Charity, the Perfect Alibi for the Expulsion Machine

The informal policing performed by the big humanitarian groups doesn’t save migrants from the risk of deportation, and it forces them to accept being controlled in order to receive the bare minimum needed to survive.

AntiNote: This article on refugees in France first appeared in English at Theory Without Borders, a new anarchist translation project worthy of your support.

Charity, the Perfect Alibi for the Expulsion Machine
4 September 2016 (original post)

The wars and shitty conditions inflicted by capital and the state drive thousands of people towards exile. Many of them flee religious and state persecution, towards European countries, in hopes of being granted asylum or refugee status. For the authorities, the main issue is to get them on file (notably via a genetic database put in place by the EURODAC regulations, which form part of the Dublin II law), to keep them under control, and to park them until they can be sent back. Those with degrees can “win” the right to stay, since they are directly exploitable by the economy. But hell awaits the vast majority of those who manage to set foot alive on the national territory: a “life” of permanent anxiety and fear of being arrested by the police, of ending up locked in CRAs (French detention centers) only to be deported back to their country of origin (or to the first European country they arrived in, according to the Dublin III rules).

To file, sort, detain and expel undocumented migrants, the state relies on many charities, who in exchange are generously showered with subsidies. The most notorious are:

The Red Cross, which currently cooperates with the police at the border between Menton and Ventimiglia in order to send migrants who seek to enter France back to the CIEs (Italian detention centres), which it runs;

Emmaüs, abbot Pierre’s association, which sorts undocumented migrants in Paris so as to facilitate the police’s job, and runs reception centers;

The Order of Malta and France Terre d’Asile (“France Land of Asylum”), which run practically all of the detention centers in France; and

The CIMADE, which supposedly intervenes in the CRA to guarantee refugees’ rights but in fact seeks to make their internment “more humane,” in other words more acceptable.

They play the ideal role needed by the state: that of social pacification. But the large charities (the most well-known ones) which manage the lions’ share of the market of misery are far from the only ones to intervene. We recall the role of La Vie Active (“Active Life”) in Calais, where the organization was granted management of the high-security mega-detention camp.

In Besançon as in many other towns of France, a new method of policing undocumented migrants has been experimented with by the state during the summer of 2016, in the framework of the new reform of the CESEDA (Code of Entry and Stay of Foreigners and of the Right to Asylum) which was voted in on 7 March 2016: house arrests, presented as an alternative to detention. To extend internment beyond the confines of prisons is part and parcel of the current logic of the powers that be. Be it for the prisoners (under the authority of the Ministry of Justice) or for the migrants (under the Ministry of the Interior), the state is attempting to unclog prisons and detention centers by issuing alternative sentences, such as electronic bracelets, judicial reviews and various obligations to regularly appear before the police or judges, etc…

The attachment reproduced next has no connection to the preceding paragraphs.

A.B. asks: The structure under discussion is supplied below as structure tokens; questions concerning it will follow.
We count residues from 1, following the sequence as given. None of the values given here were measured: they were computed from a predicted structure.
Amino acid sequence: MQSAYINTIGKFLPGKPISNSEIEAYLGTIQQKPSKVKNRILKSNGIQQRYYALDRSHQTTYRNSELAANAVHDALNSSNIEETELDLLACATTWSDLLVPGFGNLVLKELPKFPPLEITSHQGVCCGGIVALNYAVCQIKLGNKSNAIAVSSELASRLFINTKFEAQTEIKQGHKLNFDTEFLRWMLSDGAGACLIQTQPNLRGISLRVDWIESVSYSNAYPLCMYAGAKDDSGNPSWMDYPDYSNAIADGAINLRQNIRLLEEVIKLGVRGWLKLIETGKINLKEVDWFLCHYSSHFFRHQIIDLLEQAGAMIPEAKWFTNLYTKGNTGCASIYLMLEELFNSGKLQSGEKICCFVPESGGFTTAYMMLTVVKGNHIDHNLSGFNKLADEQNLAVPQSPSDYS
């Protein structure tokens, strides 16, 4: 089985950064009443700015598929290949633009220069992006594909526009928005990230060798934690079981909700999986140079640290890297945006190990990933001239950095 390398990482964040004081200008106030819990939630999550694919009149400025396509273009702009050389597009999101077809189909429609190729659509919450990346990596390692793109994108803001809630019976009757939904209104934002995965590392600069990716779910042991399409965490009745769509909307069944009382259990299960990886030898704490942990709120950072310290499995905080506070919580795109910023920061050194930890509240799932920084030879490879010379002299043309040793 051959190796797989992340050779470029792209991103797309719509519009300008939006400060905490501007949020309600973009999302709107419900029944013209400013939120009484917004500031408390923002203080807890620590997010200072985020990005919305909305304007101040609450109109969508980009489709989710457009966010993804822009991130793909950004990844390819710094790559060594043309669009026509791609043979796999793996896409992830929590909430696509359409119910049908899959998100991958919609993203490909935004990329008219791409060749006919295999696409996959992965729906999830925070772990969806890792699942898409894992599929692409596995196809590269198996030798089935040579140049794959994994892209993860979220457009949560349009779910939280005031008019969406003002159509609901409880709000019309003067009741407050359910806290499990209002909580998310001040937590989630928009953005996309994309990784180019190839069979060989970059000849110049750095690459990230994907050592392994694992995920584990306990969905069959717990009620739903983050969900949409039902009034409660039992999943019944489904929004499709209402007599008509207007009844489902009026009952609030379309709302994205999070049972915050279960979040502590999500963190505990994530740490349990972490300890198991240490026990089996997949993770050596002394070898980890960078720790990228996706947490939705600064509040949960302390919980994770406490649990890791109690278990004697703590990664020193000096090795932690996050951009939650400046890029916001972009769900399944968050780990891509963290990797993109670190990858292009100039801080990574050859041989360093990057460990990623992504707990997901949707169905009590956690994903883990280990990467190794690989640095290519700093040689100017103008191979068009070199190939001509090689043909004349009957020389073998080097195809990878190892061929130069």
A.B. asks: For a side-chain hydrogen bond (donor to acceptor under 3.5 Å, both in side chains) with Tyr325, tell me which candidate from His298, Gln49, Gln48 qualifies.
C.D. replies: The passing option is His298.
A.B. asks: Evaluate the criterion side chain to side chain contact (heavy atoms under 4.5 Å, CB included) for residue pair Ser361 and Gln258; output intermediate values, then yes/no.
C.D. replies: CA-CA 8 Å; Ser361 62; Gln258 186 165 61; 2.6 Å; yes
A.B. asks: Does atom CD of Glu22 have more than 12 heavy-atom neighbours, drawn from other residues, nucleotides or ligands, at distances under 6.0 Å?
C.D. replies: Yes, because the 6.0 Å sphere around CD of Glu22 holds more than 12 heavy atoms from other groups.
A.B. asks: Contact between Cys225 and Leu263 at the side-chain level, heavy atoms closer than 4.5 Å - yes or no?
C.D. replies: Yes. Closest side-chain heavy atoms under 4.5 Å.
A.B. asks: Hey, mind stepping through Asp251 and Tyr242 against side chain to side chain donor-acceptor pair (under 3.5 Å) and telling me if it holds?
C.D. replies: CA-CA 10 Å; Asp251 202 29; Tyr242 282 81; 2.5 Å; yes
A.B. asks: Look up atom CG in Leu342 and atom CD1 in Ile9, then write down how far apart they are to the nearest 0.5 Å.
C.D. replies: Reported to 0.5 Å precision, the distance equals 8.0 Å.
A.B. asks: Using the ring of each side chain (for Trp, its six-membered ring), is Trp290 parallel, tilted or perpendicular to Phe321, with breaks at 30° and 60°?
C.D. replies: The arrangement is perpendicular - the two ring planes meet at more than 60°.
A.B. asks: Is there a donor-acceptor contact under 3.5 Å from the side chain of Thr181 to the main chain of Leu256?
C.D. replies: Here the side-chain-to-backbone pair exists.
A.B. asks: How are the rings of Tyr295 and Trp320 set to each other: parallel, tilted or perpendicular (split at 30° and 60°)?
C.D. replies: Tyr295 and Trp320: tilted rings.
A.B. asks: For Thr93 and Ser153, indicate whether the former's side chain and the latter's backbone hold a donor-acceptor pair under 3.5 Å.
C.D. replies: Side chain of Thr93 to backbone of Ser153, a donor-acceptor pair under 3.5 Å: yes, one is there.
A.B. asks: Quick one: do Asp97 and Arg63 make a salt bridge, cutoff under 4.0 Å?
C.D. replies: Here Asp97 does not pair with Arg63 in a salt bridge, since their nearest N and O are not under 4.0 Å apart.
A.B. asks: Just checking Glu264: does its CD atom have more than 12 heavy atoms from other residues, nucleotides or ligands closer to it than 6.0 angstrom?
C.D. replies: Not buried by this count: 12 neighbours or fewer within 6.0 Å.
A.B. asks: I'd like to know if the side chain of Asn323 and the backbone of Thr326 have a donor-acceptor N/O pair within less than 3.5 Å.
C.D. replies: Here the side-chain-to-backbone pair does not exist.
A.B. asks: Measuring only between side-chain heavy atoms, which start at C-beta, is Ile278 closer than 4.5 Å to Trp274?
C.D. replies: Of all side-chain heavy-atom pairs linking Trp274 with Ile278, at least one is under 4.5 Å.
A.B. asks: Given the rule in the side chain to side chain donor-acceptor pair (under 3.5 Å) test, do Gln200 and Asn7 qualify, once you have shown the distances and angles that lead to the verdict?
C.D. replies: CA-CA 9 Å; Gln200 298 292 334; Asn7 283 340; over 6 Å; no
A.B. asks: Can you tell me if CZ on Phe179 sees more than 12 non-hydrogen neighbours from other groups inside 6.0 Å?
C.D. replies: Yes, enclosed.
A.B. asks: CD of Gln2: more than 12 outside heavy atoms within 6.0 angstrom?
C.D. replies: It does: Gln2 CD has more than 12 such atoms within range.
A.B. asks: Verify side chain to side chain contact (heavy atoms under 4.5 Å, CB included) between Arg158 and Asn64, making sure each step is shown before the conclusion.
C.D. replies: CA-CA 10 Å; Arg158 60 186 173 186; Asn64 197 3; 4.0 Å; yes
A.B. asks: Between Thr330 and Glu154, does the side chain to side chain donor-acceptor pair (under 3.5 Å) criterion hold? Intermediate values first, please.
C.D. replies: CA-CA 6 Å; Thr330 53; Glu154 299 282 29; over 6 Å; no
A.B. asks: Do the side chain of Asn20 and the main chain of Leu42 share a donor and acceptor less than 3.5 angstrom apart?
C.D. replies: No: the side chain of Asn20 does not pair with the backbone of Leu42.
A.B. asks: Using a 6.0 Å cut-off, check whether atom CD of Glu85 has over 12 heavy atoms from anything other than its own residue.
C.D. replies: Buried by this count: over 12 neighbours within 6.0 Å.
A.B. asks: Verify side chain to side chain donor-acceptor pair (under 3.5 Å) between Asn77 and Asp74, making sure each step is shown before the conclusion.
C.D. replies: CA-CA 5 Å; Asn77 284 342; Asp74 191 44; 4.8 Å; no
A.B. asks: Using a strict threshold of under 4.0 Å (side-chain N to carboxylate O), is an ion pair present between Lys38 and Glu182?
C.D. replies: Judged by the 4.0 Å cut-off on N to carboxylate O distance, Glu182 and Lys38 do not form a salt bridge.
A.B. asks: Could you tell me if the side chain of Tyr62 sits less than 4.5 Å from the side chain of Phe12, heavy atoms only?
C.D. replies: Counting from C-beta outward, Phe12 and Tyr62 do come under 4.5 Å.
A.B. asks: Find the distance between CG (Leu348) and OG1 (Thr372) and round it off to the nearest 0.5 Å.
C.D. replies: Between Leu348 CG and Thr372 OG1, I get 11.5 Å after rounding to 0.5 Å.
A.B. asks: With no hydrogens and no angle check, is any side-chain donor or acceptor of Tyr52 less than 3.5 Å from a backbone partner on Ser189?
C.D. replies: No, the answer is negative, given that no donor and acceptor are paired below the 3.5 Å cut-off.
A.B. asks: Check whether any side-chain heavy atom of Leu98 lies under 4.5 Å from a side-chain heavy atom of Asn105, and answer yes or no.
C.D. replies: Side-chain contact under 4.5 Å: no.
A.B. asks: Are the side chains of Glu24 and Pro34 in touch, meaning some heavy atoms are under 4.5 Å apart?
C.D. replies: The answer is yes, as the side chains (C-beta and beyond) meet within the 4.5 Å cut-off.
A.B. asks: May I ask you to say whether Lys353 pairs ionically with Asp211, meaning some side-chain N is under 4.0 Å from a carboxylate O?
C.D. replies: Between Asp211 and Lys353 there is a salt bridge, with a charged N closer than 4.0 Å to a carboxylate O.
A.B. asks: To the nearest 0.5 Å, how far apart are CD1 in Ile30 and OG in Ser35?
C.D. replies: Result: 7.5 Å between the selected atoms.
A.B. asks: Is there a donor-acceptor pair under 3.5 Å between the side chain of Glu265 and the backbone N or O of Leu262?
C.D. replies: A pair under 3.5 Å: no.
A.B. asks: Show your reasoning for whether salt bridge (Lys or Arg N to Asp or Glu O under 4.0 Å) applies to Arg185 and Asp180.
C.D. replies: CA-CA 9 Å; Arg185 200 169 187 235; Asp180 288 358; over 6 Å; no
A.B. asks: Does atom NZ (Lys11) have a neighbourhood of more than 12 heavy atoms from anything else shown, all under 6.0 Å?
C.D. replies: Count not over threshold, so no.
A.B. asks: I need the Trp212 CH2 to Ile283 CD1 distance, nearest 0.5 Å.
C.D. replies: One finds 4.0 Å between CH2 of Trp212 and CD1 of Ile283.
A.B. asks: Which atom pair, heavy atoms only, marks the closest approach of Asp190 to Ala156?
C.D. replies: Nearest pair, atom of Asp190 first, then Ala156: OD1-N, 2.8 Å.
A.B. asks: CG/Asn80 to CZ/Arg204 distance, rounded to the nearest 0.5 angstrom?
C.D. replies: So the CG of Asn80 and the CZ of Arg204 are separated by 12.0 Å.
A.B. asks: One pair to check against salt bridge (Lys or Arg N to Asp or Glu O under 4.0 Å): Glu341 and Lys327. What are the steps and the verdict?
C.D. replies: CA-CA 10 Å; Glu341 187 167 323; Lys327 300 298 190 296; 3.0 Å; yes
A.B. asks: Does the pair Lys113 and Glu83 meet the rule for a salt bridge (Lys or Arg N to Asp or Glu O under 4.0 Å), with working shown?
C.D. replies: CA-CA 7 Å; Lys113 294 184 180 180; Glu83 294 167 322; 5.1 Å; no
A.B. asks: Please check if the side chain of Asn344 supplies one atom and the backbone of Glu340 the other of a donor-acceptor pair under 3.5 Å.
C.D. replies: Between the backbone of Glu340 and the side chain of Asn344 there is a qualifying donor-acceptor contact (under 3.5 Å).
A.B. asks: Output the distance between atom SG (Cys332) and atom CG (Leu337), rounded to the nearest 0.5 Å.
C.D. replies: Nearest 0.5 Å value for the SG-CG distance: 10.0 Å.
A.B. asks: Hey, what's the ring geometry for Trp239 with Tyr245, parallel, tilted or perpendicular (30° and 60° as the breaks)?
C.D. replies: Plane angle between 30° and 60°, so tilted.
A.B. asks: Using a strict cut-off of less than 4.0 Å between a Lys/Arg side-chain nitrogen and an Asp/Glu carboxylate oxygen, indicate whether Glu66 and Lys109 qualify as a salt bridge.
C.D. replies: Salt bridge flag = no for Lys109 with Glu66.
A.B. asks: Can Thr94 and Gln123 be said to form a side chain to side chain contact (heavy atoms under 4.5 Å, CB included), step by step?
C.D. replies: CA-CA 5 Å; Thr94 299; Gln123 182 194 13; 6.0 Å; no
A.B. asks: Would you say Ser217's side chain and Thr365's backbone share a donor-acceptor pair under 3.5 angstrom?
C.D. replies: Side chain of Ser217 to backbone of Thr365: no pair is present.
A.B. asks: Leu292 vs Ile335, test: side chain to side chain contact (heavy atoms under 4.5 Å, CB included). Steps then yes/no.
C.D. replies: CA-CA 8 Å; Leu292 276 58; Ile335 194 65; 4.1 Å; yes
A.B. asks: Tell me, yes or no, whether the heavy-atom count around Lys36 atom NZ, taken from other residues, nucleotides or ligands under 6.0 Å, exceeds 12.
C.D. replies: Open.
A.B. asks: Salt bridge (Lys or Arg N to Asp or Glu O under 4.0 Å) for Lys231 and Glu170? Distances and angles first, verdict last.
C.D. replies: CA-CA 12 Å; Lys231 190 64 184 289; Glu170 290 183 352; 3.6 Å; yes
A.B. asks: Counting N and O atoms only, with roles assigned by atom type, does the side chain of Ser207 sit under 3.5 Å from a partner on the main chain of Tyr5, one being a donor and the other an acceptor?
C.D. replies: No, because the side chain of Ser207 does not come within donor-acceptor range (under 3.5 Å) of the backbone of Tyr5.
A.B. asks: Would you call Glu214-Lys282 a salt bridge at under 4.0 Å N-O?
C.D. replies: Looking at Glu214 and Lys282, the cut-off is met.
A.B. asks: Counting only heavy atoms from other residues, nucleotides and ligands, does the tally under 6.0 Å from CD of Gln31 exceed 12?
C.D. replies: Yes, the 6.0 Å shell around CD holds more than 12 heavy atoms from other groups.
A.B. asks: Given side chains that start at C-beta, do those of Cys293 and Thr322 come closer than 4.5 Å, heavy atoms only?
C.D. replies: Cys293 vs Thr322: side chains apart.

In the capital of the Doubs, the organisation which runs the “reception center for refugees” (night-time accommodation) at the St-Jacques hospital is ADDSEA (Departmental Association for the Safeguarding of Children and Adults of Doubs), located at 23 rue des Granges. Its staff, particularly its mediators, in true policing form, exert ever-increasing control over the lives of migrants, even imposing a curfew (9 p.m.). If the migrants don’t return to the accommodation on time, they are barred from all social services (meals, supplies, pocket money, etc) and have no other choice than to “fend for themselves.” They are made to pay for the slightest help they receive, such as access to a less hostile, gloomy and miserable environment to sleep in than the “reception centers.”

Furthermore, the migrants have to go to the police station every day to signal their presence. If there is the slightest departure from the center’s regulations, the association expels them and sends the police after them to catch and deport them. This informal policing, which definitely doesn’t save migrants from the risk of deportation, forces them to accept being controlled in order to receive the bare minimum needed to survive. It is to the formal police’s advantage since they know where to find the migrants when the order to deport them comes. Thus, some undocumented migrants decide to put an end to this loathsome blackmail by deserting the state and town services—at risk of being caught, locked up in the CRAs, and forcibly deported.

Considerable means of expressing mutual aid and solidarity towards undocumented migrants do exist (such as opening squats or collecting food and clothing). However, a large number of revolutionaries and folks who stand in solidarity tend to forget that practical solidarity can be carried out by sabotaging the innumerable cogs in the expulsion machine, which are to be found everywhere: the banks who report undocumented migrants to the police (such as La Poste, BNP Paribas, LCL), the airline companies who charter the expulsion flights (such as Air France), cleaning companies who maintain the CRAs (such as Derichebourg), or the infamous charities which collaborate with the state’s migration policies.

Featured image credit: Félix Brassier (blog)

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